Don’t get out of one because you read in a blog that mutual funds are better than ULIPs. If MFs are doing well, then it is very likely so will your ULIP and vice-versa.
Investors who keep looking at NAVs everyday, worry if a MF changes from 5-star to 4-star and ask everyone’s opinion whether to continue or change funds, are better off continuing the ULIP. Of course such investor should not have invested in ULIPs in the first place!
If your effective monthly ULIP premium is, say, Rs. 10,000, the same as what you can spare for a goal and if your goal is at least 10 or more years away, then and only then you should consider exiting a ULIP. Of course when you exit one, depending on when you do, it is likely you will lose money in one form or the other. So you have to be ready for that.
- Do not, repeat do not, assume that exiting your policy and investing in mutual funds is a sure-fire way of achieving your goals. Under certain circumstances (as detailed above) it can offer you a chance to get real returns (returns higher than inflation. Only a chance, never forget that. Need convincing? Read this.
- Every argument has a context. The one favouring exiting junk polices is no exception. Without the context it is bad advice.
- All very well to practice ‘Keep It Simple S#@&’. Identifying what is ‘Simple’ for a particular situation is the first task. ‘Horses for courses’.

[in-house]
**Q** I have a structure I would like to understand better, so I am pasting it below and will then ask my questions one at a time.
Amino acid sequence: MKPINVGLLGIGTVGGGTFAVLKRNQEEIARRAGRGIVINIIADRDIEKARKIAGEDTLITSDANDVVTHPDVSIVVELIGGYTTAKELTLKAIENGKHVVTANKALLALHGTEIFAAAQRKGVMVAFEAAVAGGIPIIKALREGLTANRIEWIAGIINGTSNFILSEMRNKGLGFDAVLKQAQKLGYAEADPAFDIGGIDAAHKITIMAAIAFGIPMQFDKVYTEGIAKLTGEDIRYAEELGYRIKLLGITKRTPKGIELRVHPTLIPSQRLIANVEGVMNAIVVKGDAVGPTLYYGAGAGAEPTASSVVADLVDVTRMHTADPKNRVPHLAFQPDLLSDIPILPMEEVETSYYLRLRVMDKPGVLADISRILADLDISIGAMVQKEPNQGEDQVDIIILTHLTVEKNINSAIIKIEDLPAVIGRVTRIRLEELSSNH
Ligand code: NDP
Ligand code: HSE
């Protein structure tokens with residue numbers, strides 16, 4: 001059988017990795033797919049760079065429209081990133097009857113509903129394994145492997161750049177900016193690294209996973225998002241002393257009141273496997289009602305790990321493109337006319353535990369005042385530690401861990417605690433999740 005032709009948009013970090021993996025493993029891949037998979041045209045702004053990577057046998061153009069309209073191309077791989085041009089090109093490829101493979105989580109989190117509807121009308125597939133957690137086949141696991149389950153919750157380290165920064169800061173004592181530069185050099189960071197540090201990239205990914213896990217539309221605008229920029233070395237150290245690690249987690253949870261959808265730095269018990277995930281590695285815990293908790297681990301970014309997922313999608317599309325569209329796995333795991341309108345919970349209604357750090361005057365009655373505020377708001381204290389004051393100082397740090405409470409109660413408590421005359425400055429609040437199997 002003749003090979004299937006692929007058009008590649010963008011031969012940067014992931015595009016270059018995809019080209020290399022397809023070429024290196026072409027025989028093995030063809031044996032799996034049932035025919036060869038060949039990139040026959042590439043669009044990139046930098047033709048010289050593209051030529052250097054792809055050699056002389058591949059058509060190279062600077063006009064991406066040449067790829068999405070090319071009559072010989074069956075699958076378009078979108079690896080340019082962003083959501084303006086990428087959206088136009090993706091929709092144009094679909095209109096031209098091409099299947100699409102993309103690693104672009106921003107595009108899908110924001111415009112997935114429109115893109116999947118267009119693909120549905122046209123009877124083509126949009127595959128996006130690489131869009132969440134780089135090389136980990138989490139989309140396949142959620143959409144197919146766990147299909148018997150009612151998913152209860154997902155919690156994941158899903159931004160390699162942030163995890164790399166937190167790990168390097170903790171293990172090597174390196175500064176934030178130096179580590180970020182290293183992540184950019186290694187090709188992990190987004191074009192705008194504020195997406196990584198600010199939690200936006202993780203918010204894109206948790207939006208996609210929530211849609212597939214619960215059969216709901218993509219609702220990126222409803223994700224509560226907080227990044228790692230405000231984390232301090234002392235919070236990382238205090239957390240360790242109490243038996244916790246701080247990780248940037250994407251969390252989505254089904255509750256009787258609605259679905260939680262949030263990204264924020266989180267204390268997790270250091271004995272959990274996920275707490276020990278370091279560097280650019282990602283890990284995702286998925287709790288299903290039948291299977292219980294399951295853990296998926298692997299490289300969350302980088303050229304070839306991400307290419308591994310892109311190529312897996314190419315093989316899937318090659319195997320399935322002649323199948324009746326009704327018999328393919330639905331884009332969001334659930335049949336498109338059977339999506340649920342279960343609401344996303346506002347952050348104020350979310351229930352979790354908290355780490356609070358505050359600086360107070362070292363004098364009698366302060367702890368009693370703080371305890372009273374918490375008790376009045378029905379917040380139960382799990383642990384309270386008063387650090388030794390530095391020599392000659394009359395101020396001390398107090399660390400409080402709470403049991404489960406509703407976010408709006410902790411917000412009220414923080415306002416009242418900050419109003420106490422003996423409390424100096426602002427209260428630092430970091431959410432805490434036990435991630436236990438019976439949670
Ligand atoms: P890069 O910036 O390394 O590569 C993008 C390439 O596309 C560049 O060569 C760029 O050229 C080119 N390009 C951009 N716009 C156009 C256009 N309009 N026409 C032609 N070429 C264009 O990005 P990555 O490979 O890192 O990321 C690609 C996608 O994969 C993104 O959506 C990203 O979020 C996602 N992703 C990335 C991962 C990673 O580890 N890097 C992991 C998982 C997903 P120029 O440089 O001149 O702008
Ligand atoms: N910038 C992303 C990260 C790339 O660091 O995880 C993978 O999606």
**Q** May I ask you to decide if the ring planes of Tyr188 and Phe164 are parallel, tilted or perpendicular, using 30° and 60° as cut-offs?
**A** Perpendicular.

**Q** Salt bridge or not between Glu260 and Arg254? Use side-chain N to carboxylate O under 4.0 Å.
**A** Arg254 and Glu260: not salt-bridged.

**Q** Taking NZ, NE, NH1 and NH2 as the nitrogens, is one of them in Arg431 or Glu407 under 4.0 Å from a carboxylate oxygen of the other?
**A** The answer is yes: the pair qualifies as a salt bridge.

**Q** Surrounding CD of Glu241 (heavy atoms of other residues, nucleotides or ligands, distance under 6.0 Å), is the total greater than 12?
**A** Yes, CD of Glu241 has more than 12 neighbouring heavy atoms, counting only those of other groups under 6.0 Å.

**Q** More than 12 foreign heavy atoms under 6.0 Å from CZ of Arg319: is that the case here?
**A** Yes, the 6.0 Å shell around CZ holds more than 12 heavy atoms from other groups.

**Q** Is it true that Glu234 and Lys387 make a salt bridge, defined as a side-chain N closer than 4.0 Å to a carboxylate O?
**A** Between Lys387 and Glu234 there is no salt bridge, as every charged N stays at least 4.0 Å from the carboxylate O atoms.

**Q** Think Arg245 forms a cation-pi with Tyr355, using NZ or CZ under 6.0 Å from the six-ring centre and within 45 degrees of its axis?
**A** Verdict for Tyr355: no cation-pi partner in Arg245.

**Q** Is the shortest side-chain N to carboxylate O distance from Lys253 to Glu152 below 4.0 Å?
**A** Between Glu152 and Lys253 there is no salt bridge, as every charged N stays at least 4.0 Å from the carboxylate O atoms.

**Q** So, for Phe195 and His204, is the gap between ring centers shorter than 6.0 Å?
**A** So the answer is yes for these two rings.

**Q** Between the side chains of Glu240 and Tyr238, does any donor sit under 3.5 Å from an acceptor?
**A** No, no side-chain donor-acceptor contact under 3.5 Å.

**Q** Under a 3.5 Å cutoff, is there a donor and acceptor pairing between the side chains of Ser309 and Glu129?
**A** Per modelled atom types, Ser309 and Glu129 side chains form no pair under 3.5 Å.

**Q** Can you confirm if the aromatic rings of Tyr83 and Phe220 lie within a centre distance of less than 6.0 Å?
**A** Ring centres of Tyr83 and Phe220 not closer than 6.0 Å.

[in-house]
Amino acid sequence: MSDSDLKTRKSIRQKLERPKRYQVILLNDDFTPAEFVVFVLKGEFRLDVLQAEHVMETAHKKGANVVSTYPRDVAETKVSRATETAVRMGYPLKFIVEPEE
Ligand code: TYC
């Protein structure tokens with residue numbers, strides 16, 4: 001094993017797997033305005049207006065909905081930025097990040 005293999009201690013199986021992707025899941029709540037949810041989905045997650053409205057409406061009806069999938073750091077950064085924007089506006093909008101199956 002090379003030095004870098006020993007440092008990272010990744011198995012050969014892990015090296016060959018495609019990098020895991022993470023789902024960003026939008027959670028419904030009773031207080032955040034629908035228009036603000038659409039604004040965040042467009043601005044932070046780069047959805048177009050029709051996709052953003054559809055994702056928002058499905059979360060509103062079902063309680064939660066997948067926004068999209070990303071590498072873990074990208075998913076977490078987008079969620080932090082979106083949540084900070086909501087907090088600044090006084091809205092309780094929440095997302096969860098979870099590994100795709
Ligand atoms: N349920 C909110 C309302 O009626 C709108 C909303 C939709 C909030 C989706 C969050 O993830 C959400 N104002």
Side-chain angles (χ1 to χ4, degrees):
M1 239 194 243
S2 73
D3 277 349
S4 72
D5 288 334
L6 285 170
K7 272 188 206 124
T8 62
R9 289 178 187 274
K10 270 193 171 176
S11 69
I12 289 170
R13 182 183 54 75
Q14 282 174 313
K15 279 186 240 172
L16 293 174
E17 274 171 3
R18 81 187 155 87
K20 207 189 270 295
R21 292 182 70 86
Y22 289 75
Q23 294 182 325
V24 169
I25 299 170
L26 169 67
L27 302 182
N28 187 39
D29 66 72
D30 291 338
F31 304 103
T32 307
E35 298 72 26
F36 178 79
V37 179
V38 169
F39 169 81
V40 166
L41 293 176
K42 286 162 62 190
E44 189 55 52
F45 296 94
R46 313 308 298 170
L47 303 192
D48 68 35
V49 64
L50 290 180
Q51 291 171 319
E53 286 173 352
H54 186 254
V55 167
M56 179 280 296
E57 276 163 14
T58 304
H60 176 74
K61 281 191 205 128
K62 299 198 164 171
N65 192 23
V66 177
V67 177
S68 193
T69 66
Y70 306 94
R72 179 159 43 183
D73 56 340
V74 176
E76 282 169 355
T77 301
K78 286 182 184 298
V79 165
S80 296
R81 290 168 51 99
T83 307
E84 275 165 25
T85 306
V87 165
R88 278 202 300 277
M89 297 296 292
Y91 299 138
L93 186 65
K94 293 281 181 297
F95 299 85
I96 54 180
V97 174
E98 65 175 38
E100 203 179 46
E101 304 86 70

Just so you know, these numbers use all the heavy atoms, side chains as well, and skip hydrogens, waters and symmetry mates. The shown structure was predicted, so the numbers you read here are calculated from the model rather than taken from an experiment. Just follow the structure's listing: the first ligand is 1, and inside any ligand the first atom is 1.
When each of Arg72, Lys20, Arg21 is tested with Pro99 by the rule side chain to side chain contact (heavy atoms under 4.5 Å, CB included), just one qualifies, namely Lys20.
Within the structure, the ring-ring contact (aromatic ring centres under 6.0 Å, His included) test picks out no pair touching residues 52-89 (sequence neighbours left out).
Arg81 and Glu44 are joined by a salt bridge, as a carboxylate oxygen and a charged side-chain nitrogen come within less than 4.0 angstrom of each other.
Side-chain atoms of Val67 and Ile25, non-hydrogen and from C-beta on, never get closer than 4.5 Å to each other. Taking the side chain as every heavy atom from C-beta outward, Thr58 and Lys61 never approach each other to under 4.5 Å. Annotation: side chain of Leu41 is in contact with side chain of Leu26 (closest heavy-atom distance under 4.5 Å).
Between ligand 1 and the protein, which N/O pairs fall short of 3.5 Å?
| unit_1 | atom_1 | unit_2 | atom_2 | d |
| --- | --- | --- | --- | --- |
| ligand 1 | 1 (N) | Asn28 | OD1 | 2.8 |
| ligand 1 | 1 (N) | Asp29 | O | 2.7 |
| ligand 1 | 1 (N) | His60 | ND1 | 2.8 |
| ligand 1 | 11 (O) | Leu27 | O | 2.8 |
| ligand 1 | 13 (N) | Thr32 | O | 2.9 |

Do you agree? Have I missed out anything important?
Postscript: Many (if not most) child-plans are designed to mature when the child turns 18. Most children finish school by 17!!
End-note: Definitions for those unfamiliar
1. To make a policy paid-up is to stop paying premiums. The insurance cover will reduce appropriately and reduced sum assured along with applicable bonuses paid thus far will be given to the policy holder after the policy term is completed. A policy can be made paid-up after a minimum number of years, usually three.
2. To surrender a policy is to severe all ties with the insurer. The policy becomes eligible for a surrender value after a minimum number of years (usually three and usually same as paid-up eligibility). If a policy is surrendered before five years all 80C deductions, if claimed, will become void and the individual will have to pay tax for total deductions made thus far in the year of surrender according to his or her tax slab. For policies issued on or after April 1st 2003, if the annual premium is more than 20% of sum assured then the surrender value is taxable regardless of when you surrender. For polices issued on or after April 1st 2012, the corresponding number is 10% and for those issued after the direct tax code kicks in it is 5%. The surrender value depends on the age of the policy and bonuses offered. It is heavily insurer dependent.